A computer program is a list of "instructions" to be "executed" by the computer.
In a programming language, these program instructions are called statements.
var y = 3;
var z = x + y; </script>
Values, Operators, Expressions, Keywords, and Comments.
Fixed values are called literals. Variable values are called variables.
The most important rules for writing fixed values are:
Numbers are written with or without decimals:
Strings are text, written within double or single quotes:
In a programming language, variables are used to store data values.
An equal sign is used to assign values to variables.
In this example, x is defined as a variable. Then, x is assigned (given) the value 8:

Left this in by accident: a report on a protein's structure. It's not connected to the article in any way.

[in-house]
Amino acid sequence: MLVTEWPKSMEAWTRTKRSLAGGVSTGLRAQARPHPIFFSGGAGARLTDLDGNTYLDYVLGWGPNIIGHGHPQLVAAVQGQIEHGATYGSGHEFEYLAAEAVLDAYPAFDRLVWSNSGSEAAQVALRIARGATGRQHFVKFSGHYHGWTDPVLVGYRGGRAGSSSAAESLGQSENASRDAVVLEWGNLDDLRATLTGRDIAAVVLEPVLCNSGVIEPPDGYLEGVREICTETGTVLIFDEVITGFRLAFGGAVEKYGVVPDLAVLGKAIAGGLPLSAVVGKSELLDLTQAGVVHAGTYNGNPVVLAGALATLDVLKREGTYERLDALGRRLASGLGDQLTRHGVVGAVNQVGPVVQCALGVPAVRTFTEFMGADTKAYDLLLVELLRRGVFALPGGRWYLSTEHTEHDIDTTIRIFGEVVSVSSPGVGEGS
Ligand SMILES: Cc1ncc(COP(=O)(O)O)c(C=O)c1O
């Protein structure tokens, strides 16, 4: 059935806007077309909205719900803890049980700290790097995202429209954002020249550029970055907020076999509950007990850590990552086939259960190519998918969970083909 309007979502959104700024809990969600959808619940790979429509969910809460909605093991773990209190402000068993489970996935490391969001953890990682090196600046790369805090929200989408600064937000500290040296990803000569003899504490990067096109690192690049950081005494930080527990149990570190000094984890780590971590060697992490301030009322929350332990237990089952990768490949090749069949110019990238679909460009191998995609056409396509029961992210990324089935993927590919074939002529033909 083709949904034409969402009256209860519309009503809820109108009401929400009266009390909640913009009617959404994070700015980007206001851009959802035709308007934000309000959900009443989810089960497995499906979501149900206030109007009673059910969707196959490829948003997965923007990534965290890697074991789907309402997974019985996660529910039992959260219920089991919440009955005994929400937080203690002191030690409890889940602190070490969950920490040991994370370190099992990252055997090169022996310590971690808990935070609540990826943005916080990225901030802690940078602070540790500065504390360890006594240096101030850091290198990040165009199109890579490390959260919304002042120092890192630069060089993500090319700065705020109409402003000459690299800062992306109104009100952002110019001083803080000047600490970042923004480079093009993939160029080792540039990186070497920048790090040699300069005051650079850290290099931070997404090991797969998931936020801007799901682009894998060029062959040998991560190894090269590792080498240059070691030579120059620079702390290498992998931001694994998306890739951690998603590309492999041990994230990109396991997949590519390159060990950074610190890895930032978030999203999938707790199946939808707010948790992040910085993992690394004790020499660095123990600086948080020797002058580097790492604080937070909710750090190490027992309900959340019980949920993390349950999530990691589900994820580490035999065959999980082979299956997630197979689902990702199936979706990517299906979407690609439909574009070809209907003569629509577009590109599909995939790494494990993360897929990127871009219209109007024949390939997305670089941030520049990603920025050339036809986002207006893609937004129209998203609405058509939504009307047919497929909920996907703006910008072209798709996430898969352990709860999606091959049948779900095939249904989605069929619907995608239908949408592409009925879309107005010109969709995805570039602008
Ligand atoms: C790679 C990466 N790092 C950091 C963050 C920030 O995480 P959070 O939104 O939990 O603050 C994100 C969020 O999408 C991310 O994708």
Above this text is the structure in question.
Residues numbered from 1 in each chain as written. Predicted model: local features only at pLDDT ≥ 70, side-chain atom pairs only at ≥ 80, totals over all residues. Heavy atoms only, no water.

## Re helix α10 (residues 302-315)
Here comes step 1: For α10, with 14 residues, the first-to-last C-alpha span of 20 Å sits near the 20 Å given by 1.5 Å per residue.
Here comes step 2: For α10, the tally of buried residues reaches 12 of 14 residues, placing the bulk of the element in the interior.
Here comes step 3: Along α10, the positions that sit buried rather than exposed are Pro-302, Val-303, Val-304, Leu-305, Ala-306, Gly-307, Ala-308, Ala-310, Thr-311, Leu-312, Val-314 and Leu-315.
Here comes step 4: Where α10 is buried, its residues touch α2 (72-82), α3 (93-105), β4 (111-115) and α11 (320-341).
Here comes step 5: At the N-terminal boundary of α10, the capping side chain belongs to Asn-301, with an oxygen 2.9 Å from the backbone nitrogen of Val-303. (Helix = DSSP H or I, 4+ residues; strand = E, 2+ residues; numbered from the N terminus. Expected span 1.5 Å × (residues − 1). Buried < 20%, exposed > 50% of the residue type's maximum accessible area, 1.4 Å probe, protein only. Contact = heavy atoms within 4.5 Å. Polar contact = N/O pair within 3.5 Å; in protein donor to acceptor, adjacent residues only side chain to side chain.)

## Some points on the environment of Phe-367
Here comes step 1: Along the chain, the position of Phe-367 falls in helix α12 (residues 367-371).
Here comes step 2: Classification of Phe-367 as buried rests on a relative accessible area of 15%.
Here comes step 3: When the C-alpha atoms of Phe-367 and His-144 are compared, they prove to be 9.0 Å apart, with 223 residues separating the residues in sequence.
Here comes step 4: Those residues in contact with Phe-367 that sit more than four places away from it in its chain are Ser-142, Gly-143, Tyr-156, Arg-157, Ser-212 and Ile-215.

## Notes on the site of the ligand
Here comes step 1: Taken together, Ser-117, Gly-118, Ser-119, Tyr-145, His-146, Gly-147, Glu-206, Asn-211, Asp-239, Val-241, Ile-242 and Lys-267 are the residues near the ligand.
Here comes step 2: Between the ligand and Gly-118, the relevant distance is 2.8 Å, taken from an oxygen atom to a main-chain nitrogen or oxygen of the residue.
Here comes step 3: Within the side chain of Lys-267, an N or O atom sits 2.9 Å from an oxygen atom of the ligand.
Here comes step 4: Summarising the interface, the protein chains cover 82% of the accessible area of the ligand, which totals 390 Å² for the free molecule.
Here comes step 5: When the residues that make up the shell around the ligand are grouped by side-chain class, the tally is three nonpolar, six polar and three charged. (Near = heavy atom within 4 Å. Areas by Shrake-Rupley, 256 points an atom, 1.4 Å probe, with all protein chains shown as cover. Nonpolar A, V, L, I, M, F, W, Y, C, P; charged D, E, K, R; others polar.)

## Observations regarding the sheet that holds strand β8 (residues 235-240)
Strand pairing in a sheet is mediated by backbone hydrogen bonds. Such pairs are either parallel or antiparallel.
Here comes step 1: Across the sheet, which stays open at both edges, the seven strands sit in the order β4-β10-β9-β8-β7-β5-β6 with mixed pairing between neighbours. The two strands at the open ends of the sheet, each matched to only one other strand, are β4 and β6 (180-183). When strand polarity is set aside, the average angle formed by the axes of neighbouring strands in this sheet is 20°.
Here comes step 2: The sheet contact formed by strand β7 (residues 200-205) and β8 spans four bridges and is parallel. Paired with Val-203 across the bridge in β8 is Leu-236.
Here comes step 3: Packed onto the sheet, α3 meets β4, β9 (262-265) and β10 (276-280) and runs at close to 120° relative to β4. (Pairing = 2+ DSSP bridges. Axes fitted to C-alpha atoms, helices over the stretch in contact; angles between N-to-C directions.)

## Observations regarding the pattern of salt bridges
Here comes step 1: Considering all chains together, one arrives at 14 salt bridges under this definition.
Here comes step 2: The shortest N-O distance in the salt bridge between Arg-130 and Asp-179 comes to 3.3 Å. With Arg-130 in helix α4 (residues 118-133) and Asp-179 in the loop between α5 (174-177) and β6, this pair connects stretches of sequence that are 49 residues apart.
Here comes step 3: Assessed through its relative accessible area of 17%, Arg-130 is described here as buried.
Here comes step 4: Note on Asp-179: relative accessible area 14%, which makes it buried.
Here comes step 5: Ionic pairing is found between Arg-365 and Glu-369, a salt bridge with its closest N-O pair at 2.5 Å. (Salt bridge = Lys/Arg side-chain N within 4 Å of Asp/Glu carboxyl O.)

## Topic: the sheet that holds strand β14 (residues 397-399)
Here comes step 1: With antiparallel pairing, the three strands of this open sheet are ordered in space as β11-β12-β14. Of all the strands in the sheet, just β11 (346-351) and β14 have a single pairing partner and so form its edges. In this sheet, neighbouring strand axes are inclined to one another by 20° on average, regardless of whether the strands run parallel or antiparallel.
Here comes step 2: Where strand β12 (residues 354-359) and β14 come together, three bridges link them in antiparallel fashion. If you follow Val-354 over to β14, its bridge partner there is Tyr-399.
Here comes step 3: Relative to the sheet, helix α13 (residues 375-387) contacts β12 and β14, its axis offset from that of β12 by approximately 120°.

x = 8;
var y = 8;
An expression is a combination of values, variables, and operators, which computes to a value.
The computation is called an evaluation.
For example, 6* 18 evaluates to 108:
Expressions can also contain variable values:
The values can be of various types, such as numbers and strings.
For example, "John" + " " + "Doe", evaluates to "John Doe":
The var keyword tells the browser to create a new variable:
var y = x * 50;</script>
Code after double slashes // or between /* and */ is treated as a comment.
Comments are ignored, and will not be executed:
// var x = 3; I will NOT be executed</script>
Identifiers are names.
The rules for legal names are much the same in most programming languages.
Subsequent characters may be letters, digits, underscores, or dollar signs.